Gabi Garbutt – The Creation Of Birds (Daemon T.V.)

Gabi Garbutt – The Creation Of Birds (Daemon T.V.)

Traditionally, an EP is usually a welcome stop-gap between albums, providing an artist an opportunity to bridge the gap between their past material and their eventual future challenges. Case in point: the surf rock covers and early psychedelia of The Who’s Ready Steady Who EP released just prior to their second album, A Quick One in late 1966 – which conveyed both a sense of artistic reverence and renaissance. In singer-songwriter Gabi Garbutt’s case, her latest EP, The Creation Of Birds is a polarity-driven affair containing a palate of trademark hummable power pop melodies along with a surprising bedfellow of escapist almost ambient cinematic opuses.

Gabi emerged from the lockdown triumphant with her wholly eclectic second album Cockerel in 2022 and a string of tour dates booked for that year. She supported similarly musically-minded cohorts: The Libertines, Big Country and The Boomtown Rats with her band The Illuminations. After the Static Roots Festival in Oberhausen Germany in July, the local press marked them out as a festival highlight. 

After such a buzz of seemingly unstoppable activity, with her Cockerel album in the bag, Gabi was ready to focus on writing and recording a new batch of songs. She sent her music to Beth Jeans Houghton (Du Blonde) and was delighted to be invited to release the EP through their label Daemon T.V.

The EP.’s opener Panic featuring Du Blonde has flickers of The Clash’s riff from All The Young Punks and infectious Only Ones-style backing vocals. Gabi enunciates her words as if her life depended on it like Aretha Franklin singing I Say A Little Prayer.  The song seems a matter-of-fact narrative partly describing a transportation crash but is performed with such panache that it takes on a euphoric life of its own and dually functions like an Everly Brothers standard, giving it an almost ‘guilty pleasure’ irony.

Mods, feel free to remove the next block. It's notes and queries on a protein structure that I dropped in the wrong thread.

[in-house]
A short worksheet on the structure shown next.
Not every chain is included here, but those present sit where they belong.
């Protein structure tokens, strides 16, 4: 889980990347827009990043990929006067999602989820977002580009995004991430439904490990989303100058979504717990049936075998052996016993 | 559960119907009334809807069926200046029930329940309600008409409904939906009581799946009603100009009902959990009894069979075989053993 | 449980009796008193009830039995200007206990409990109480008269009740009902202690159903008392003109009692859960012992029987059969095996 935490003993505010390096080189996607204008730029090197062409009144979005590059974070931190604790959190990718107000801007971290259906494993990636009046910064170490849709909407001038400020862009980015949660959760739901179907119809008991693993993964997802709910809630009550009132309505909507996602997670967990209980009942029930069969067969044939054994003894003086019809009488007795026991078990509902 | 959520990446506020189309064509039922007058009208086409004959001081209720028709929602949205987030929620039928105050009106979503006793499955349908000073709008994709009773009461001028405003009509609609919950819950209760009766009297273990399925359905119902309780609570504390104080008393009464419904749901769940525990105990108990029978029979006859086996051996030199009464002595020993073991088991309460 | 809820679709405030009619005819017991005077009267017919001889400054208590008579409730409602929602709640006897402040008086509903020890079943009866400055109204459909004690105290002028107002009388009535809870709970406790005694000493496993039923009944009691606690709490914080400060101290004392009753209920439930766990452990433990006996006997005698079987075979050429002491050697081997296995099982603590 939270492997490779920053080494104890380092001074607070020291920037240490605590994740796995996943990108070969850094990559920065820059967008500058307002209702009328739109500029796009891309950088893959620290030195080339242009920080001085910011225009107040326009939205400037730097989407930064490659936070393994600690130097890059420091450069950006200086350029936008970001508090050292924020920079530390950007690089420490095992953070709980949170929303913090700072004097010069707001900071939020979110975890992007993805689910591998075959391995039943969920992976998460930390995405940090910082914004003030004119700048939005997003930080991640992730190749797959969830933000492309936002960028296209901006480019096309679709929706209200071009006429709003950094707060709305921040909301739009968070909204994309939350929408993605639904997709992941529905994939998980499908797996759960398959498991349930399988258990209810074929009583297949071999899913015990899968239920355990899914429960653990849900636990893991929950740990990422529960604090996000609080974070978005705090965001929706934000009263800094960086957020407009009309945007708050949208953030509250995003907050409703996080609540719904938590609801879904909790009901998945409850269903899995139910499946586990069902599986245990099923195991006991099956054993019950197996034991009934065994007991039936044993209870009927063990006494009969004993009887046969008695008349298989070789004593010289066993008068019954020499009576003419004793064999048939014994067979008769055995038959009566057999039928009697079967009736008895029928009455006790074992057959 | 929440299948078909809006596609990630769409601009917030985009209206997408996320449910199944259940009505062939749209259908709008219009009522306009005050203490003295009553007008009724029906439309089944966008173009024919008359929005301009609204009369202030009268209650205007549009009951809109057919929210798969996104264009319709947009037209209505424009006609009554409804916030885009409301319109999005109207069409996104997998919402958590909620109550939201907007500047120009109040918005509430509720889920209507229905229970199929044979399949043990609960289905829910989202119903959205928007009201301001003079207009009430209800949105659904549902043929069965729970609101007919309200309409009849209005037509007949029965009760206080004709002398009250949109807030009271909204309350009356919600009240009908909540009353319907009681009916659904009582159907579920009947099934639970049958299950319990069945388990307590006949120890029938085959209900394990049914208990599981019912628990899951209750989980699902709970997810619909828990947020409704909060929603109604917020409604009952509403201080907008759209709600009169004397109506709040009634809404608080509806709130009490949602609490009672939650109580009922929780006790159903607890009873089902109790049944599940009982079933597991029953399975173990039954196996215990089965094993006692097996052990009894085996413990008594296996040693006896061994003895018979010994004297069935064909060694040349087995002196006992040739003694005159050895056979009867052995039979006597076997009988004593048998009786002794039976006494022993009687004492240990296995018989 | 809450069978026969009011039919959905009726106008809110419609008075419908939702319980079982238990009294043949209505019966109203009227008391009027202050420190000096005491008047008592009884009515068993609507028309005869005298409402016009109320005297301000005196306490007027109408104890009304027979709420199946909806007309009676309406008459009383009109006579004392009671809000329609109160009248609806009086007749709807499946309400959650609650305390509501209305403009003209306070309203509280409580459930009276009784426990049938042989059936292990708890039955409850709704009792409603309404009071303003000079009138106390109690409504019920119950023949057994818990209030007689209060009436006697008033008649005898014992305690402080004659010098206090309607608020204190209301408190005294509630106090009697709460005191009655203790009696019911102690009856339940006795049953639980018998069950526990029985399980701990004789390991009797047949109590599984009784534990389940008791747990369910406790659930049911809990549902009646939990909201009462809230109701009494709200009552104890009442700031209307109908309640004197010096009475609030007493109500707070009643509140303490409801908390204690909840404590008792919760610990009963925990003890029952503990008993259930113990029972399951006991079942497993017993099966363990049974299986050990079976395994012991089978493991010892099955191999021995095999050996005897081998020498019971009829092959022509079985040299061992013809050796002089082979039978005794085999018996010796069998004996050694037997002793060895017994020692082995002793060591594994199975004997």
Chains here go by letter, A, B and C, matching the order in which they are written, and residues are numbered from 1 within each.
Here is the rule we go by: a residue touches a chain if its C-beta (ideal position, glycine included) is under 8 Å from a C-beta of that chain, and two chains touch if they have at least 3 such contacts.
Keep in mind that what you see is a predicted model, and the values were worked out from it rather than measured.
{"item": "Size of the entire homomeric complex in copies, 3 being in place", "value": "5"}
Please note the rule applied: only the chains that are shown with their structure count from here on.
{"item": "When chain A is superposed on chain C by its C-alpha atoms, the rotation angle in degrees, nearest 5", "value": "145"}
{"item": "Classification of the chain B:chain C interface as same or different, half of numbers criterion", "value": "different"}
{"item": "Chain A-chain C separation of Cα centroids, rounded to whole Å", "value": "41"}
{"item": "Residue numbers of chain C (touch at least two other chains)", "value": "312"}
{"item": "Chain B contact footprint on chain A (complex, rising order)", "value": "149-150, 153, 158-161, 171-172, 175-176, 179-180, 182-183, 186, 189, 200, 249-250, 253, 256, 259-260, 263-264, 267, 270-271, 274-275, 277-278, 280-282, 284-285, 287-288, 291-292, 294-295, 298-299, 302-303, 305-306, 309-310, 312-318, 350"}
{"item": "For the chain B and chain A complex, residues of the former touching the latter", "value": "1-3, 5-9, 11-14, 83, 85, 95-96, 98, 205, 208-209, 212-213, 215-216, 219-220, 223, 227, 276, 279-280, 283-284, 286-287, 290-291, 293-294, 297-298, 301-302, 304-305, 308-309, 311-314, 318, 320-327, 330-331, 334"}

In Stun Like A Deadly Flower, she sounds old beyond her years but gives off a scintillating sense of vulnerability. The song has a seesaw effect and is lyrically very bathetic, “Salvage the spirit together with gaffer tape.” The swooping All The Magic sounds different from the previous songs: more polished and deliberately well-produced. It is akin lyrically to the ‘anything goes’ sensuality of a Neil Gaiman story. It has a nostalgic sway, and the proggy chiming guitar sound gradually puts things up a gear with a distinct shift in key. 

Towards the EP’s conclusion, there is a harmonious sense of musical disparity. Unquiet Mind begins in an epic way with Construction Time Again’s metallic resounding Celtic horns reminiscent of The Clash’s Sean Flynn. Plaintive bliss and pronounced piano and sung in a burnt-out estuary accent. 

The aforementioned sense is subtly implied rather than overt in the closing track Satellite Gazing with its Robert Wyatt Rock Bottom style backdrop and Coleridge-like depiction of a Skeleton Ship – an image loosely deployed by both the likes of Brian Eno and Iron Maiden. This contemplative track comes across as both futuristic and archaic amid a toned-down All You Need Is Love uplift, and that is most definitely the real deal in Gabi’s book. She has packed so much into The Creation Of Birds that it seems ‘longer’ than it actually is. 

In addition to the digital release, the EP will be available on CD with a limited edition zine, including lyrics, illustrations and photos.

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